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A Principal-Agent Model for Product Specification and Production

Author

Listed:
  • Ananth V. Iyer

    () (Krannert School of Management, Purdue University, West Lafayette, Indiana 47907)

  • Leroy B. Schwarz

    () (Krannert School of Management, Purdue University, West Lafayette, Indiana 47907)

  • Stefanos A. Zenios

    () (Graduate School of Business, Stanford University, Stanford, California 94305)

Abstract

This paper develops and analyzes a principal-agent model for product specification and production motivated by Ücore buyingÝ decisions at an automobile manufacturer. The model focuses on two important elements of the ÜcoreÝ buyer's responsibility: (1) assessing the supplier's capability, and (2) allocating some or all of a fixed level of some buyer-internal resource to help the supplier. Under the contracting scheme we model, the buyer (principal) delegates the majority of product specification and production activity to the supplier (agent), but retains the flexibility to commit a given, observable amount of an internally available, limited resource (e.g., engineering hours) to help the supplier. The supplier, in turn, allocates his resource (e.g., engineering hours) to produce the finished product. As in the motivating scenario, both the supplier's resource allocation and capability are assumed to be hidden from the buyer. Hence, the principal's problem is to determine a menu of (resource-commitment, transfer-price) contracts to minimize her total expected cost. Our analysis demonstrates that if buyer resource and supplier capability are substitutes, then the buyer's second-best involvement in the supplier's production process will be greater than first-best. The opposite is true if they are complements. Further, when the opportunity cost for the buyer's resource is zero, then in the substitutes case the buyer will commit all of its resource, while in the complements case the buyer may withhold some resources to screen the supplier type. We describe two applications of the modelÔone in inventory management and one in pharmaceutical drug discoveryÔto illustrate its applicability and versatility. Finally, we use insights from the model to suggest hypotheses for empirical study.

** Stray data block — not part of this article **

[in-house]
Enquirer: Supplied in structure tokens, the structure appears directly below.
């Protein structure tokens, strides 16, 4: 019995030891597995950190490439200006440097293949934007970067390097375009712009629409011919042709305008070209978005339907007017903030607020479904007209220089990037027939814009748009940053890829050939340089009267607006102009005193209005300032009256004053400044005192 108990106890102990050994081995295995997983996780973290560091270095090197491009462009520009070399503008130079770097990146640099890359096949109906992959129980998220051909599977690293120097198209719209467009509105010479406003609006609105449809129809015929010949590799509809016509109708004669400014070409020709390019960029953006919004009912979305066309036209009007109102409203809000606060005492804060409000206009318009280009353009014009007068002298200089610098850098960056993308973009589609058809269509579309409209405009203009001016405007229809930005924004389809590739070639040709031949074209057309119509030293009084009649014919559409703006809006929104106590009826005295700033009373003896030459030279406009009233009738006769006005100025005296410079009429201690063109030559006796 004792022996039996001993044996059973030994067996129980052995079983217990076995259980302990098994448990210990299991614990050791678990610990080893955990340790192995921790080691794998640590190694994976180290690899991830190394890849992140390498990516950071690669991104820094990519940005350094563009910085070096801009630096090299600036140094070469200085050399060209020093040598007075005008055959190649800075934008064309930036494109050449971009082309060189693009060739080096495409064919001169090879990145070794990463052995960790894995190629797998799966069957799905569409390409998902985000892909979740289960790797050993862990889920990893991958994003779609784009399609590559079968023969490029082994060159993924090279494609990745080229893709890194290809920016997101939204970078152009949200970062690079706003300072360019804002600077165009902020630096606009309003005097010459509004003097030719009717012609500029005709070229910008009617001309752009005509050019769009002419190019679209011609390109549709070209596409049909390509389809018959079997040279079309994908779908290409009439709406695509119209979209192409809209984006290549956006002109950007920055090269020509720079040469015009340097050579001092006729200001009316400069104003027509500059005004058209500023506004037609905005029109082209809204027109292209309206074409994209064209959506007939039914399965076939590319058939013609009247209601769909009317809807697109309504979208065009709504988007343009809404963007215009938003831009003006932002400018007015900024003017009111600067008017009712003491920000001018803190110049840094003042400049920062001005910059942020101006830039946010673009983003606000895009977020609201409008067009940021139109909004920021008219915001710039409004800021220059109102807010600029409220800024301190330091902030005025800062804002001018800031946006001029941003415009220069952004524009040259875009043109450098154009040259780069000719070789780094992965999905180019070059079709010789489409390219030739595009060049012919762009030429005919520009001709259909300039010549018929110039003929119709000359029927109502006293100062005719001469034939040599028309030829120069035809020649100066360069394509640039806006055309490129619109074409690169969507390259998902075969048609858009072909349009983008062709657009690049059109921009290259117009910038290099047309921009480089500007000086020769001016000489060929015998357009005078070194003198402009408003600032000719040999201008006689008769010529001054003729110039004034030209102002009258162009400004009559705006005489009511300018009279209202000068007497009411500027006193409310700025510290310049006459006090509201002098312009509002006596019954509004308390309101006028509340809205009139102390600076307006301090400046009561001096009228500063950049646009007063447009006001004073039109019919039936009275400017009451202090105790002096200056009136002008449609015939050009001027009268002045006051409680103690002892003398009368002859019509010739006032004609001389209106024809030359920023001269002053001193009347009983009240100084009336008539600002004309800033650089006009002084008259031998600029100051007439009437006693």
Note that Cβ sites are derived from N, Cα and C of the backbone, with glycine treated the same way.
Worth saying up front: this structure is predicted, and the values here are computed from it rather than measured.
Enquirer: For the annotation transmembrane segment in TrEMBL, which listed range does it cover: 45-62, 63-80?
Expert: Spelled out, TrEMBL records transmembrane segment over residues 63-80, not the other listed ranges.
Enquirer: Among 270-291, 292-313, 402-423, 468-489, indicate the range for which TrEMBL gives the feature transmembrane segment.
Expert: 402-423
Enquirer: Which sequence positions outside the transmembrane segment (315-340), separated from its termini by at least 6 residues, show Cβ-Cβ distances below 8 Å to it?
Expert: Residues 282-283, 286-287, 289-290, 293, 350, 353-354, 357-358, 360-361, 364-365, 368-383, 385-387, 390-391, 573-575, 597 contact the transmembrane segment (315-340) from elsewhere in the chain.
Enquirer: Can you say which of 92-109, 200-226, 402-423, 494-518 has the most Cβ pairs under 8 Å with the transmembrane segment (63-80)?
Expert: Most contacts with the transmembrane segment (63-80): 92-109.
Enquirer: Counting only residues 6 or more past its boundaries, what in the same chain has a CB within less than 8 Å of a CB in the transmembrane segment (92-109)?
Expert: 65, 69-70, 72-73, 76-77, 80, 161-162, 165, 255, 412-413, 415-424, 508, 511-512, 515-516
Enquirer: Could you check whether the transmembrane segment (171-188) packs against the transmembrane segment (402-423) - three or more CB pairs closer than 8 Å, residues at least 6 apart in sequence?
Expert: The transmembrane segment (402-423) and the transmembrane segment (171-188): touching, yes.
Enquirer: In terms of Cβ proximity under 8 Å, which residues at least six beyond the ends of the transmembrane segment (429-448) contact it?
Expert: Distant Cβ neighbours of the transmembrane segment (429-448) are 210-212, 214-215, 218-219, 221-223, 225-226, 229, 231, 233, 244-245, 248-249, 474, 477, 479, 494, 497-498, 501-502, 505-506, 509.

Suggested Citation

  • Ananth V. Iyer & Leroy B. Schwarz & Stefanos A. Zenios, 2005. "A Principal-Agent Model for Product Specification and Production," Management Science, INFORMS, vol. 51(1), pages 106-119, January.
  • Handle: RePEc:inm:ormnsc:v:51:y:2005:i:1:p:106-119
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    File URL: http://dx.doi.org/10.1287/mnsc.1040.0214
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    References listed on IDEAS

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    1. Kim B. Clark, 1989. "Project Scope and Project Performance: The Effect of Parts Strategy and Supplier Involvement on Product Development," Management Science, INFORMS, vol. 35(10), pages 1247-1263, October.
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    7. Guesnerie, Roger & Laffont, Jean-Jacques, 1984. "A complete solution to a class of principal-agent problems with an application to the control of a self-managed firm," Journal of Public Economics, Elsevier, vol. 25(3), pages 329-369, December.
    8. Arora, Ashish & Gambardella, Alfonso, 1990. "Complementarity and External Linkages: The Strategies of the Large Firms in Biotechnology," Journal of Industrial Economics, Wiley Blackwell, vol. 38(4), pages 361-379, June.
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